The bill would provide $1 billion for electric loans for renewable energy under the Rural Electrification Act.

 Agricultural Credit: The Inflation Reduction Act would provide debt relief for distressed farm borrowers and assistance for underserved farmers and ranchers.

The new debt relief program would provide $3.1 billion for loan modifications, including forgiveness, for “distressed borrowers” of U.S. Department of Agriculture Farm Service Agency direct or guaranteed farm loans “whose agricultural operations are at financial risk.” USDA is expected to develop the criteria for eligibility.

The Senate bill also includes nearly $2.9 billion to help underserved farmers, ranchers, and forest landowners, defined to include those living in high poverty areas, veterans, limited resource producers, and beginning farmers and ranchers. Most of this assistance is $2.2 billion of financial assistance for those who experienced discrimination before 2021 in USDA farm lending programs.

When including $5 billion for forestry programs, the bill contains about $38 billion for ag and forestry.


American Farm Bureau Federation President Zippy Duvall, praised parts of the bill, but criticized some tax provisions.

“AFBF appreciates that lawmakers recognize the role agriculture can play in addressing climate change issues in the Inflation Reduction Act of 2022. Farmers and ranchers support voluntary, market-driven programs that help the environment while ensuring farms remain economically sustainable. Our members also appreciate the drought relief provided in the bill, and we are hopeful it will be used in a responsible way to assist growers affected by drought and mitigate global food supply challenges," Duvall said in a written statement.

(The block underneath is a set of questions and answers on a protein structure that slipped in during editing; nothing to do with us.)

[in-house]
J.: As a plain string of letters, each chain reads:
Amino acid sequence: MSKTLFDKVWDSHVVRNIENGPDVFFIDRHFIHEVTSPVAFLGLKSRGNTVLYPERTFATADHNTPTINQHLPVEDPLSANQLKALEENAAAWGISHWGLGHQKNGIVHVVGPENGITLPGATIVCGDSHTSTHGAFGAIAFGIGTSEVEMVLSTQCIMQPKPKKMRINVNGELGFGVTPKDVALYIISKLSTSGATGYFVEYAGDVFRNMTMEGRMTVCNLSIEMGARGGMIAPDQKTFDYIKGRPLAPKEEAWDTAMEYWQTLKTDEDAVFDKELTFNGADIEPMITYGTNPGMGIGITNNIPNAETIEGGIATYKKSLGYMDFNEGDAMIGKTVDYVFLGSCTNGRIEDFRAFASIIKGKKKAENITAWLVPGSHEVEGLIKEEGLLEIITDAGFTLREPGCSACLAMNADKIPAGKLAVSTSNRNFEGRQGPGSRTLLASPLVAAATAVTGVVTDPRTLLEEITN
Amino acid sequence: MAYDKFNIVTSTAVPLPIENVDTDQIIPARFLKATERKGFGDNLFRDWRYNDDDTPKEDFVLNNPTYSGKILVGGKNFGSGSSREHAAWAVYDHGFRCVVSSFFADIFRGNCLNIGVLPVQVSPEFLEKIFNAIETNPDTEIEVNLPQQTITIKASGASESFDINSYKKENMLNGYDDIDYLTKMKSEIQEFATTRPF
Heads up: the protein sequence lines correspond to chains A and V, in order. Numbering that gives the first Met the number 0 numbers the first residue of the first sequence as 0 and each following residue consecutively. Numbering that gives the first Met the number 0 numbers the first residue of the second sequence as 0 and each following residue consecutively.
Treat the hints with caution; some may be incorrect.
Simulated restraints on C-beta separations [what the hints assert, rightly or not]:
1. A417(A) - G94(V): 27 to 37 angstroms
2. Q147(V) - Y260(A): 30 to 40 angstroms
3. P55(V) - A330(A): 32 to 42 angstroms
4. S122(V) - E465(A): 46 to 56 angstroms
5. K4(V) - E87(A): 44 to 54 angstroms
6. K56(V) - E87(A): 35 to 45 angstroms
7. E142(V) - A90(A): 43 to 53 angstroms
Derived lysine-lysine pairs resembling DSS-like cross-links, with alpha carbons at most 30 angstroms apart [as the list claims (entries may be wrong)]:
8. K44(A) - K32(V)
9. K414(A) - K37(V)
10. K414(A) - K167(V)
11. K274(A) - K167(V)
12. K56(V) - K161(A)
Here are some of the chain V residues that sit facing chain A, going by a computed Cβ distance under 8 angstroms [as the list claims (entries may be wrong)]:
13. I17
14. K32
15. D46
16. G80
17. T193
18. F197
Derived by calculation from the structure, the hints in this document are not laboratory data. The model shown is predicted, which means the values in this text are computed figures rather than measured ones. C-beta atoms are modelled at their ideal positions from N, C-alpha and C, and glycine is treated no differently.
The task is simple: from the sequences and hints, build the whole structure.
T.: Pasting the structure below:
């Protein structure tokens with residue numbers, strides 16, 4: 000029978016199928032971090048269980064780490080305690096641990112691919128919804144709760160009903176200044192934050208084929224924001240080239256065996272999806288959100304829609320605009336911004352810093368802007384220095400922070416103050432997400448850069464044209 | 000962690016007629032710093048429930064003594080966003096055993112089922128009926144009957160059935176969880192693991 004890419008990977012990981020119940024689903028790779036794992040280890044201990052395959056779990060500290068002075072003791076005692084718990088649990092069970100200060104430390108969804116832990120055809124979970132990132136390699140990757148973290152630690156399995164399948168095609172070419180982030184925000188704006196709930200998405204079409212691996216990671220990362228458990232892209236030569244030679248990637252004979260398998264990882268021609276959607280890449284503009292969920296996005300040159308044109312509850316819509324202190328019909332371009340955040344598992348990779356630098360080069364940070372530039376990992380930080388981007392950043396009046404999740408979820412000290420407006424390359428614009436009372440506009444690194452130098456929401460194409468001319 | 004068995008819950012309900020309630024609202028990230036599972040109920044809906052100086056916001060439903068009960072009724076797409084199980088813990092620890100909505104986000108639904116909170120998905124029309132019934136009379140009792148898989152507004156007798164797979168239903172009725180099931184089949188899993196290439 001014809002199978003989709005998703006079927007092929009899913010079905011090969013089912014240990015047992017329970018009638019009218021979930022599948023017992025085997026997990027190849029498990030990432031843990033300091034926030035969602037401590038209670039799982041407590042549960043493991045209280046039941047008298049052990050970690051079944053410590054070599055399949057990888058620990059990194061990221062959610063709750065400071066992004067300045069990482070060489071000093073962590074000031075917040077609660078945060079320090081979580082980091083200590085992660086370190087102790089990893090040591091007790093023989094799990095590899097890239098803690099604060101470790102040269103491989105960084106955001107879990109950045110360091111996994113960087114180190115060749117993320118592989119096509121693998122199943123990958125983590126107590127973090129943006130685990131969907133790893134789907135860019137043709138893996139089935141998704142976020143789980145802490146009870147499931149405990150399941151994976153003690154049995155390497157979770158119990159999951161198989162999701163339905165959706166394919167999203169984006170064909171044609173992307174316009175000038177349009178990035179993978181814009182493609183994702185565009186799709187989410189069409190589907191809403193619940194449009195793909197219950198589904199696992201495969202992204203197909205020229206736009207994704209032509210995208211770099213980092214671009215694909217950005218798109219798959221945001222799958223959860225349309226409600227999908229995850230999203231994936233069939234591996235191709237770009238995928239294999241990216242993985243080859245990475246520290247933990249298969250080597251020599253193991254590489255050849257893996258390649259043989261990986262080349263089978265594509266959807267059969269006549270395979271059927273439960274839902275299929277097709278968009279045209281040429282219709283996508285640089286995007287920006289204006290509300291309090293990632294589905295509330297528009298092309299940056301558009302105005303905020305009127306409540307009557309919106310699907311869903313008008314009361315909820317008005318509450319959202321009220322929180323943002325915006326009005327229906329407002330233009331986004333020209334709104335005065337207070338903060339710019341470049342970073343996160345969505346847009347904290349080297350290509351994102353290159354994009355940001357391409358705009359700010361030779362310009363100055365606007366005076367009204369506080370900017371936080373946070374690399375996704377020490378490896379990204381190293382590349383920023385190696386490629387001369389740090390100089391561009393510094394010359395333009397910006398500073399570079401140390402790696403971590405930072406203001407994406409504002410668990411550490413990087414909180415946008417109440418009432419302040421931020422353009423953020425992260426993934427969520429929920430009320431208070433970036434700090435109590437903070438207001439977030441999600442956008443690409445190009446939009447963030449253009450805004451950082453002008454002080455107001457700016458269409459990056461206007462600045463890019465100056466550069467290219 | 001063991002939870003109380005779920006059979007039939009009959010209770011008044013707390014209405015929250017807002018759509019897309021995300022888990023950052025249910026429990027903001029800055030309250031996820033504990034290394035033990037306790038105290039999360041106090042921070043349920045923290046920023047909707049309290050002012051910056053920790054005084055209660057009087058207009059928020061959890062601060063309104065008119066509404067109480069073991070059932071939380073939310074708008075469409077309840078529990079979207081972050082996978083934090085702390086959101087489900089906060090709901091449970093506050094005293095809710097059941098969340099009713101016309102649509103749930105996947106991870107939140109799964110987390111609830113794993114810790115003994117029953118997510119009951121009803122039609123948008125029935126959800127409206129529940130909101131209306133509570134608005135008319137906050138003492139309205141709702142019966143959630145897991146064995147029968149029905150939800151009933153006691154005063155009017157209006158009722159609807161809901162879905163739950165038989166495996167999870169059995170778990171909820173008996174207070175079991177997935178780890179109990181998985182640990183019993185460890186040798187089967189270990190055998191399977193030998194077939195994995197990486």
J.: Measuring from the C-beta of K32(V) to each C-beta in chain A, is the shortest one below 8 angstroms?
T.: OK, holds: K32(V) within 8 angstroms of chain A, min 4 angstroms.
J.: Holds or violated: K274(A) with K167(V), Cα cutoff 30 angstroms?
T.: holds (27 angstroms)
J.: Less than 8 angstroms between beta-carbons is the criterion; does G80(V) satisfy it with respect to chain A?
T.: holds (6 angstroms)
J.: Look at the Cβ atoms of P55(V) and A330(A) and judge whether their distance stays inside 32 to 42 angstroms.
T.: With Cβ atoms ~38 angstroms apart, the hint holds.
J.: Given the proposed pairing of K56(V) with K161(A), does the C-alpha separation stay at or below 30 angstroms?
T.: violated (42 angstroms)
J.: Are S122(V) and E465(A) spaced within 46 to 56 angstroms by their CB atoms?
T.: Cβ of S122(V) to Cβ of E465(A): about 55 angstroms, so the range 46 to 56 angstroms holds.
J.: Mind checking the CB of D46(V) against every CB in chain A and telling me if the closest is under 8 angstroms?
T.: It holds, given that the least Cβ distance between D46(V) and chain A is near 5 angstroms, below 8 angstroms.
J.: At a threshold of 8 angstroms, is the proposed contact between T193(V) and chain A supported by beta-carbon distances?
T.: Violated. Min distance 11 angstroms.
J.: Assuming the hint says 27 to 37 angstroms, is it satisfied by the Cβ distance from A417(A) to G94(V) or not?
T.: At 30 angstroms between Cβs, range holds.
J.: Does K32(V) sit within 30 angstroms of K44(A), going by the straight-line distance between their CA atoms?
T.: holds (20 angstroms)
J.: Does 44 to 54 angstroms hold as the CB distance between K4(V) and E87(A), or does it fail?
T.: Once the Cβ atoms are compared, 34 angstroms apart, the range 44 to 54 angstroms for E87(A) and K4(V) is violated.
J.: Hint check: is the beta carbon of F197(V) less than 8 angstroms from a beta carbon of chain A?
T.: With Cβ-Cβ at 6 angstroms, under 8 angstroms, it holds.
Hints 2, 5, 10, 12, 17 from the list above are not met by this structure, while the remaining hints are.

“We are extremely disappointed in the last-minute inclusion of a tax increase on small, family-owned farms and ranches, in the form of extending limits on deductions small businesses can claim, while we are in a recession. We strongly encourage lawmakers to focus on policy that directly addresses record-high input costs, spurs economic growth, and addresses inflation that is crushing the pocketbooks of America’s families.”

In a statement issued before Senate passage, National Farmers Union President Rob Larew praised the bill.

“NFU welcomes the major investments in voluntary, incentive-based conservation programs for agriculture included in the Inflation Reduction Act. These provisions will support farmers and ranchers in continuing to expand their role in fighting climate change while also supporting the resilience of their operations. The addition of biofuels infrastructure funding is also a welcome addition and one that will support farmers and consumers across the country,” Larew said.

In a letter to Democratic colleagues, Pelosi called the $430 billion climate, tax and health care bill approved by the Senate over the weekend "life-changing legislation."

Reuters news service contributed to this report.